Around the World in Eighty Days (1956, Michael Anderson)

!!!!! AVOID !!!!!

Although this is an abysmal film, it may not deserve some of the flack it’s gotten over the years. In 1956, it was conceived as an event that would be defined nearly exclusively by the setting and conditions in which it would be seen, as one of the most ambitious Hollywood productions since Intolerance, filmed at 30 frames a second to be screened in the innovative Todd-AO Scope process, shown on gigantic curved screens with a three-year residency in New York before it toured the country as a standard 35mm outfit. Hard not to predict that it’d already lost its luster by the time it left its original home. Whatever the case, Around the World in Eighty Days was never meant as a serious piece of narrative filmmaking or an honest-to-goodness Jules Verne adaptation; it is supposed to be a spectacle that looks cool on a big weirdly shaped screen after a curtain’s drawn and you’re sitting hushed with a bunch of other well-to-dos. It’s conceived and designed to be separate from ordinary “movie” notions and we have no reasonable way to judge it in the manner we’re bound to see it today, as a letterboxed presentation on our TV screens.

But we have to, so here we are. In the context now forced upon us, this movie is terrible, more for what it lacks than what it is — what it lacks is a concept, a story, a conceit, characterization, passion, verve, wit, anything. It’s nothing more than an obnoxiously superficial amusement park ride, the “amusements” being the endless slew of star cameos that serve to distract from a narrative absent of serious humanity or interest. And certainly absent of conflict. David Niven is a loose and ineffective take on Verne’s Phileas Fogg, who takes on the challenge of circling the globe in the titular period simply to stick it to his stuffed-shirt class-conscious friends. He sets out to do so, and does so, and that’s really it. Sure, he’s briefly jailed near the end, but that’s easy enough to fix (completely offscreen!) and though there’s some hand-wringing about the International Date Line, hey, it doesn’t really amount to much. It’s a point A to point B — or, really, point A again — story.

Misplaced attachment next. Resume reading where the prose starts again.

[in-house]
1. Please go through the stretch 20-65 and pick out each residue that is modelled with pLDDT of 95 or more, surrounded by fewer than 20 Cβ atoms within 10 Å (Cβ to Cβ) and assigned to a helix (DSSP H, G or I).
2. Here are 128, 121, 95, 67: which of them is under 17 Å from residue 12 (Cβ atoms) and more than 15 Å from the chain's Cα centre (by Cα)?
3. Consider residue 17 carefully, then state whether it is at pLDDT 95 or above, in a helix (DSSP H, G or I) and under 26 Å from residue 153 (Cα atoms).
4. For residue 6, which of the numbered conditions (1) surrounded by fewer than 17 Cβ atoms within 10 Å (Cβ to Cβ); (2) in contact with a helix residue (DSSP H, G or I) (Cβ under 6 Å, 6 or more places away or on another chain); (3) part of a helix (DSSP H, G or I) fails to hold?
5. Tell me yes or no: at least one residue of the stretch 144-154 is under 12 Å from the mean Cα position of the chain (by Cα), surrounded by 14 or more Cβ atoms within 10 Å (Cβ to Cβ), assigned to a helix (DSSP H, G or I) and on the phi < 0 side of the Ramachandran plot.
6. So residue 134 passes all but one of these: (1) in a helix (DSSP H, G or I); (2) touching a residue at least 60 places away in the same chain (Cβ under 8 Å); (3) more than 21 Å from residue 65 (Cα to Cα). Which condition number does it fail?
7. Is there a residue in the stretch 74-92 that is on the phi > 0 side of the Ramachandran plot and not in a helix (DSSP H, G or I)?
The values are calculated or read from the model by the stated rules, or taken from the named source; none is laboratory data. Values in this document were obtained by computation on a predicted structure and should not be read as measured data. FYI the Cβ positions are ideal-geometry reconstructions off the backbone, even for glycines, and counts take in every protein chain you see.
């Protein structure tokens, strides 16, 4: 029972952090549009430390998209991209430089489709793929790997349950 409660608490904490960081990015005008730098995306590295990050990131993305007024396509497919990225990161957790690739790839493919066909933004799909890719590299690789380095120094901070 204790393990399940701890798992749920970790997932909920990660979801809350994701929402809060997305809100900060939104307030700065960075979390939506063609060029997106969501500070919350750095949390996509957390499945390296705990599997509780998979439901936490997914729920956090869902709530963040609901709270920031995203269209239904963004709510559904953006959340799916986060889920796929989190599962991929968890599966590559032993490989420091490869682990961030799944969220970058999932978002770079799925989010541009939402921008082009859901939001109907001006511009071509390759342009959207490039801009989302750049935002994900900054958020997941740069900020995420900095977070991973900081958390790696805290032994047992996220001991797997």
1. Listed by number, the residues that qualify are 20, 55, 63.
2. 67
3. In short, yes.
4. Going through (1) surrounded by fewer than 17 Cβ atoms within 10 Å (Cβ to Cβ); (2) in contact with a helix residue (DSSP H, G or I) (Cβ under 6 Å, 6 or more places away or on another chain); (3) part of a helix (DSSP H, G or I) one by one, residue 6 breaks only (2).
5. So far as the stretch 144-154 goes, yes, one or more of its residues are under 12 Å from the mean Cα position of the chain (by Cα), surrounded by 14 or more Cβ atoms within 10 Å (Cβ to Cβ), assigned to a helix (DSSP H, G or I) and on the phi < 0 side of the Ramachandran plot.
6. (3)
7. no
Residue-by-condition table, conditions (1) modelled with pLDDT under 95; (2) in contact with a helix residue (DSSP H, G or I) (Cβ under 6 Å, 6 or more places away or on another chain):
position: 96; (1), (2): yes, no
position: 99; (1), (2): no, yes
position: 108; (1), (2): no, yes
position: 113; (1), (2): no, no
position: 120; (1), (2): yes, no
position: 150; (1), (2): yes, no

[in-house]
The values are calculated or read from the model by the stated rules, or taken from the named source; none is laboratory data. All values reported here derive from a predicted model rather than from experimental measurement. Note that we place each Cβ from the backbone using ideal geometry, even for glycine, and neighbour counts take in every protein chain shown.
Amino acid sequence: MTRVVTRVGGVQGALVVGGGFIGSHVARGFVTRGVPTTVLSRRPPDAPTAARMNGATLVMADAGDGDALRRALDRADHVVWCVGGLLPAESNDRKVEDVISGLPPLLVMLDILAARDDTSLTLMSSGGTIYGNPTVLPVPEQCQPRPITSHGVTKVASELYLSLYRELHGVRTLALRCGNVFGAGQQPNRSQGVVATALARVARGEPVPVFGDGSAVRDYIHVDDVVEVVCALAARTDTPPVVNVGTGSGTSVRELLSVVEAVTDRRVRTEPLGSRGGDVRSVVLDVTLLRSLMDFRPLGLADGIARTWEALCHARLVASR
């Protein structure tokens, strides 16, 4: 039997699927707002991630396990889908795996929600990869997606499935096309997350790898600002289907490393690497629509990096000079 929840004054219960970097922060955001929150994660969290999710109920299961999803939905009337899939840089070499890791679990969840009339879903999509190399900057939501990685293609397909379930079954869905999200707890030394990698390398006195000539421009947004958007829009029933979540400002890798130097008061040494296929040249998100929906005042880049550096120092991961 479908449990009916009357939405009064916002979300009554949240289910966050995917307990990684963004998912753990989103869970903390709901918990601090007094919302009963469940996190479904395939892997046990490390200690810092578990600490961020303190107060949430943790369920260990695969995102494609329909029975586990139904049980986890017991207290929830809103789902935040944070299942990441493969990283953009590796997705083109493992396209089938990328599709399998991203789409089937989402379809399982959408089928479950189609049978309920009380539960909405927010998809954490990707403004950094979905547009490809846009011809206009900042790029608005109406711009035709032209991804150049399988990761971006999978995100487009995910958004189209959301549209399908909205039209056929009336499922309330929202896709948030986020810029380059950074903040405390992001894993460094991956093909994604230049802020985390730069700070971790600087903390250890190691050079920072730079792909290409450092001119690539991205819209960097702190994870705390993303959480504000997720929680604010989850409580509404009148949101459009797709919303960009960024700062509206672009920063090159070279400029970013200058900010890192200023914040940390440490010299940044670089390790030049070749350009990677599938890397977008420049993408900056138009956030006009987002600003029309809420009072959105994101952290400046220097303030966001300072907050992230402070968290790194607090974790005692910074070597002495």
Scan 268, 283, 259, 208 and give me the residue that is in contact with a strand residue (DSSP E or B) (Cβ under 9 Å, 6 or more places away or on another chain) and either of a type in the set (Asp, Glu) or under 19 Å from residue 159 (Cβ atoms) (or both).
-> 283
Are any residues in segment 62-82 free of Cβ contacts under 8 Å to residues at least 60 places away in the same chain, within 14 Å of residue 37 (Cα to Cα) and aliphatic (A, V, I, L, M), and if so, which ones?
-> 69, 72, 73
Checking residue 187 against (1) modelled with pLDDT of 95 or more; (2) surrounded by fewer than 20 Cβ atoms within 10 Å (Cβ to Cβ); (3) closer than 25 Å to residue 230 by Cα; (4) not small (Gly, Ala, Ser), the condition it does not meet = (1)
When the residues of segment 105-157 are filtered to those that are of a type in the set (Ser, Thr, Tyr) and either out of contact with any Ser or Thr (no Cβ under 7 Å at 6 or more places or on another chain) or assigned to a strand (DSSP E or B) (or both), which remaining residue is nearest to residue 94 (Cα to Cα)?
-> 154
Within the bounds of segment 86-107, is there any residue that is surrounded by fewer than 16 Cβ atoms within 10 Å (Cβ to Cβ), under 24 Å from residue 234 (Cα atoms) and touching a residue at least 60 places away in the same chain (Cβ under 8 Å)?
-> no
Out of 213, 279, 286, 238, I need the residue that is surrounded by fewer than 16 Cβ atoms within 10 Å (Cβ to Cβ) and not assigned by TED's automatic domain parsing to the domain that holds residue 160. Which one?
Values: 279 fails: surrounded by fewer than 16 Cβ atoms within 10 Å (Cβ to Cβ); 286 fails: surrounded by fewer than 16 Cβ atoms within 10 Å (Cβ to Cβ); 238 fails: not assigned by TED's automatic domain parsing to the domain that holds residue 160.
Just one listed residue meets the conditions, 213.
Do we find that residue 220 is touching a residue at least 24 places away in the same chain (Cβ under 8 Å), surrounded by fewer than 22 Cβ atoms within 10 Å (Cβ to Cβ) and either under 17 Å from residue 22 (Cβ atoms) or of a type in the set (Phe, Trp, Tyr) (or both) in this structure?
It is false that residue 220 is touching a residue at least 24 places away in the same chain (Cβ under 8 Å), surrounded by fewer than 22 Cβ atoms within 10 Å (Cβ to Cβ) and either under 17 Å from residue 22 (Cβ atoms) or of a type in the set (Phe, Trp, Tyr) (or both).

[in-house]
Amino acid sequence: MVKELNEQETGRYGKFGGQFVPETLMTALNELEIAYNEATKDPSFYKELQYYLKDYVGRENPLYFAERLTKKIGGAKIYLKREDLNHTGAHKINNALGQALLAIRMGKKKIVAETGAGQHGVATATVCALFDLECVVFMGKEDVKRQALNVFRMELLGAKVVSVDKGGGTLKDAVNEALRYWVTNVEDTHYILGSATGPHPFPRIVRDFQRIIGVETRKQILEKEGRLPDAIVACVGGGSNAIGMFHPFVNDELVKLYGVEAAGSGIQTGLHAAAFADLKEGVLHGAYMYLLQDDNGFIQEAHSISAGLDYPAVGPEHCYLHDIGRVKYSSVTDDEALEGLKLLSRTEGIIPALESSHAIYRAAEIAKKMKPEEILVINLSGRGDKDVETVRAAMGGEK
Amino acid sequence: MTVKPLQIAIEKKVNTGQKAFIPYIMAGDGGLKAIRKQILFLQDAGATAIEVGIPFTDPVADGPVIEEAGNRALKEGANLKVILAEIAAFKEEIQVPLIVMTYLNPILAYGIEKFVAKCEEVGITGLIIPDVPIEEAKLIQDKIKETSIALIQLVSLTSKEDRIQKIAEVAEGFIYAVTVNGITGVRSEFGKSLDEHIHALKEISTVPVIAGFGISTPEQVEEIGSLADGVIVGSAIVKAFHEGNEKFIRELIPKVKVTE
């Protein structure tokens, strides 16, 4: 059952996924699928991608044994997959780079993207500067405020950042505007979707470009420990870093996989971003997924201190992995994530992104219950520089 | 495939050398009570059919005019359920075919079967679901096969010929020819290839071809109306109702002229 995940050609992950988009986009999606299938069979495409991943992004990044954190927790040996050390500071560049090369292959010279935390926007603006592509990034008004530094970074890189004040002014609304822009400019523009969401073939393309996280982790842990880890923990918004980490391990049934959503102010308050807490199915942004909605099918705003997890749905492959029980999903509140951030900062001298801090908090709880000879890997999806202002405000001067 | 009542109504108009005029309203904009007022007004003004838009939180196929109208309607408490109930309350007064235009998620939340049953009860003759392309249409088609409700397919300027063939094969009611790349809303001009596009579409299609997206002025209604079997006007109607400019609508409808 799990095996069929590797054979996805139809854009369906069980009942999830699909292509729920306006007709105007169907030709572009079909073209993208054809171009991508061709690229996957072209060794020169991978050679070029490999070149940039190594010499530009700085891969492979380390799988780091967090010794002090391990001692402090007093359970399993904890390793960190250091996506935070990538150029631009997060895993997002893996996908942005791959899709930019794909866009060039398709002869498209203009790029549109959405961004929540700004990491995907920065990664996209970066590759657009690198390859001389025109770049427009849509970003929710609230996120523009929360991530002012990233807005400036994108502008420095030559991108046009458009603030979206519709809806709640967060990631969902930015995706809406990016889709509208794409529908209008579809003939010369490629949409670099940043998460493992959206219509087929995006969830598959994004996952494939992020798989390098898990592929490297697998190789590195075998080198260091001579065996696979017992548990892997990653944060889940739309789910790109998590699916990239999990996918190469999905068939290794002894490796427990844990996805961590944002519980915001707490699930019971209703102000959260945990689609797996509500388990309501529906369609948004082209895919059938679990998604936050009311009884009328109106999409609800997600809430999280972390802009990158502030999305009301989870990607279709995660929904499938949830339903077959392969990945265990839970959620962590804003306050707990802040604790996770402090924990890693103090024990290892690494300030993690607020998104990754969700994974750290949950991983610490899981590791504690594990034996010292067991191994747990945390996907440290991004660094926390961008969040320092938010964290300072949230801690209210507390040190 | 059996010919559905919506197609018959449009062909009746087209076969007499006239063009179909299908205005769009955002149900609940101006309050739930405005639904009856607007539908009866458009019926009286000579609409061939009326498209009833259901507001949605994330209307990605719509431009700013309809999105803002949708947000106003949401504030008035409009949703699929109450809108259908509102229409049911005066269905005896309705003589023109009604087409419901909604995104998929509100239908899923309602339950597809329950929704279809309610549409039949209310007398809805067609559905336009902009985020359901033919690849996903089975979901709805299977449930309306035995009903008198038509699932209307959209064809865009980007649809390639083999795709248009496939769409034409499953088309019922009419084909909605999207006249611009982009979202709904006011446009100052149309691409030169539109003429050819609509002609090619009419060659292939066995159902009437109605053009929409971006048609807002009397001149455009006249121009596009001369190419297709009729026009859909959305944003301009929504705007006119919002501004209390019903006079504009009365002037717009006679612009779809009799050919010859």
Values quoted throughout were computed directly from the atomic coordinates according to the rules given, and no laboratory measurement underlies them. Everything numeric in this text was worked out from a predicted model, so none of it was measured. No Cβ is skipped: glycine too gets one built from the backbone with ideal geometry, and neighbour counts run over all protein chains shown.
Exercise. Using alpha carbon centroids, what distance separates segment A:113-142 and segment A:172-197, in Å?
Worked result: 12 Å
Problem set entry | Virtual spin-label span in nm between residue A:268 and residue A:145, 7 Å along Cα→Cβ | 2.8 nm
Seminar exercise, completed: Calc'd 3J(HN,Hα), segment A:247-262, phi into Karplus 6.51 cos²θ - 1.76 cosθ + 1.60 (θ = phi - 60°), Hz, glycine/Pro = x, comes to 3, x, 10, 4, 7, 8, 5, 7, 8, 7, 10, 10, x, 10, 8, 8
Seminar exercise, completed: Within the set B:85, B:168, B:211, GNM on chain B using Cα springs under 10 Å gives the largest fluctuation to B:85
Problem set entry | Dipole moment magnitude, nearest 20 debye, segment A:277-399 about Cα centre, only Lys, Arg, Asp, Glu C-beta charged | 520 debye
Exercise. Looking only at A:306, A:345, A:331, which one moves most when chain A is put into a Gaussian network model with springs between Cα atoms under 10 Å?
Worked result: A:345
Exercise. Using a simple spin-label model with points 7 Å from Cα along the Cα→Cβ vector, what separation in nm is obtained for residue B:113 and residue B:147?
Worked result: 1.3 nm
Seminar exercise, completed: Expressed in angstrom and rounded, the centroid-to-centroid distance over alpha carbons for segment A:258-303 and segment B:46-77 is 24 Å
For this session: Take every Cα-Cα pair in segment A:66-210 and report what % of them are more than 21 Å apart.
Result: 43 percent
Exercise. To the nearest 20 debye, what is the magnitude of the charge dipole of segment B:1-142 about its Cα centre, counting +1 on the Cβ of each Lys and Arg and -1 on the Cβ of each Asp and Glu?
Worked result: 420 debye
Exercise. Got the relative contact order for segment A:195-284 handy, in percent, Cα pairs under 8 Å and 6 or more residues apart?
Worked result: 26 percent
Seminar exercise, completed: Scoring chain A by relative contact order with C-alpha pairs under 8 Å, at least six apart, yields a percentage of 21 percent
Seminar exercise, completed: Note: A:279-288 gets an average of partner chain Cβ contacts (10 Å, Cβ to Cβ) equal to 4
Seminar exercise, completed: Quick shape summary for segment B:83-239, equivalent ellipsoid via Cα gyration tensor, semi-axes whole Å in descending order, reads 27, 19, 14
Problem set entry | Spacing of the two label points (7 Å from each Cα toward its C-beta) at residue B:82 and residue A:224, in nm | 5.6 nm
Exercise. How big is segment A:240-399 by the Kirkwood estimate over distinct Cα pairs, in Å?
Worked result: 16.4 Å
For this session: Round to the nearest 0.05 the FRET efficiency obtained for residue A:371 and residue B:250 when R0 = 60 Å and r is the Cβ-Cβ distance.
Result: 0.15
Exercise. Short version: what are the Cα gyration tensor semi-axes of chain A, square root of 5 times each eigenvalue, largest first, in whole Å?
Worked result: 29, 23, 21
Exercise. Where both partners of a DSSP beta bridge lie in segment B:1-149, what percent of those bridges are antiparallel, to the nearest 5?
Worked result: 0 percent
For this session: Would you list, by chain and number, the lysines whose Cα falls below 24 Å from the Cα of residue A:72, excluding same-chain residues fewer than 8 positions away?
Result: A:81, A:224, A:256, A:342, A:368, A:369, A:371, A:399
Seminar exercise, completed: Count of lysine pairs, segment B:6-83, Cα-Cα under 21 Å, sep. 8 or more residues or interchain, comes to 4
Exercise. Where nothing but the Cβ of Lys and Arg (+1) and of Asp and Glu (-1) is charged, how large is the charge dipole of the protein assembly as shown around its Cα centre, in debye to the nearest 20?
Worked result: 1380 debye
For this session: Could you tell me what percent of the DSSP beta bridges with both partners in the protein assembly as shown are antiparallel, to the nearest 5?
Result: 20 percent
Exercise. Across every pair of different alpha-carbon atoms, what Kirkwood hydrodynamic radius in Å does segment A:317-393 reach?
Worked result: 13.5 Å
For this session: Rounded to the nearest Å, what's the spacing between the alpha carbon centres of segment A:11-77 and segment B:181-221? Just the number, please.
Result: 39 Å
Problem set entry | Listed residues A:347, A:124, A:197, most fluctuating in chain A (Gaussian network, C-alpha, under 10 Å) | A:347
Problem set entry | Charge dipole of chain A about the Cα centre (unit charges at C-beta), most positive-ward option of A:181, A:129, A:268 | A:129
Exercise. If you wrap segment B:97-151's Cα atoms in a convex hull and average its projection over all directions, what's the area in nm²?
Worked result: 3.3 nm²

It’s probably not a great idea to stretch a point A to point A story out to 180 minutes; there is so little to recommend sitting through this interminable mess of winking cutesiness as it is, and to pad it out to three hours is something like an act of business fraud. We never get to know the people we’re spending time with, on hot air balloons, over sea and land, except as cardboard cutouts who commiserate with other cardboard cutouts along the way and invite them to join. International superstar Cantiflas fills out the consistent wing of the cast as a racist caricature of a manservant for Fogg, but he also lights up the sole interesting sequence of the film, an incongruous dance routine during the Spanish part of the voyage — sadly followed immediately by an unbearably overlong bullfighting routine.

The stakes are all quite low despite the size of the project; the (consistently unfunny) humor is of the understated Ealing Studios variety only without the actual jokes. The ending is such an anticlimax that the film itself seems, really, to be one big put-on. What an expensive joke, then. Michael Anderson’s direction is heavy on quirk and bravura theatrics, low on compelling cinematic technique. He’s torn between subsuming himself in the majesty of the many locations he photographs and playing up the attempted absurd comedy of the script. Anderson had little say in the creative direction of the film anyway, it being a pet project of producer Michael Todd, who laid his entire fortune on the line for it — one more reason, one assumes, for its rampant inoffensiveness.

The cameos, of course, have been a draw for audiences for decades; this film is, in fact, the source of the very coinage of the term “cameos” — a rubric drawn from the poster which placed familiar faces in such a format. It’s easy enough to imagine a crowd cheering when Frank Sinatra turned around from the piano, when John Gielgud showed up as a nervous former butler, when Cesar Romero and Peter Lorre and Marlene Dietrich (and Edward R. Murrow, of all people) among numerous others show up out of nowhere only to have the film sheepishly reveal it has nothing substantial or remotely entertaining to use them for. And even I cheered when Buster Keaton showed up as the cantankerous train conductor, but he’s Buster Keaton, and besides, the film can’t think of much to do with him either. Perhaps worst of all is the utter waste of Shirley MacLaine in a casting stunt as an Indian princess (yes, really) who trails along for the latter half of the trip; even she admits she was miscast.

If you make it to the end of this film, which is highly unlikely unless you’re in the midst a project like this, you are rewarded with Saul Bass’ witty and beautiful closing title sequence, a lengthy animated condensation of the film’s entire “plot.” It’s atypical of Bass’ work and is easily the most elaborate credits sequence he’d created up to that point, and it’s far more compelling and much more of a picture of its time than the actual film. There’s too much of composer Victor Young’s score in the film — it’s wall to wall — but as it swells up under MacLaine’s credit in Bass’ miniature film here, you can almost picture how much fun a night out to see this movie might have potentially been in the late ’50s. But that’s the only glimpse you get, and there’s absolutely no question that, seen today, this is among the most baffling of all Best Picture winners (though it still beats Going My Way).

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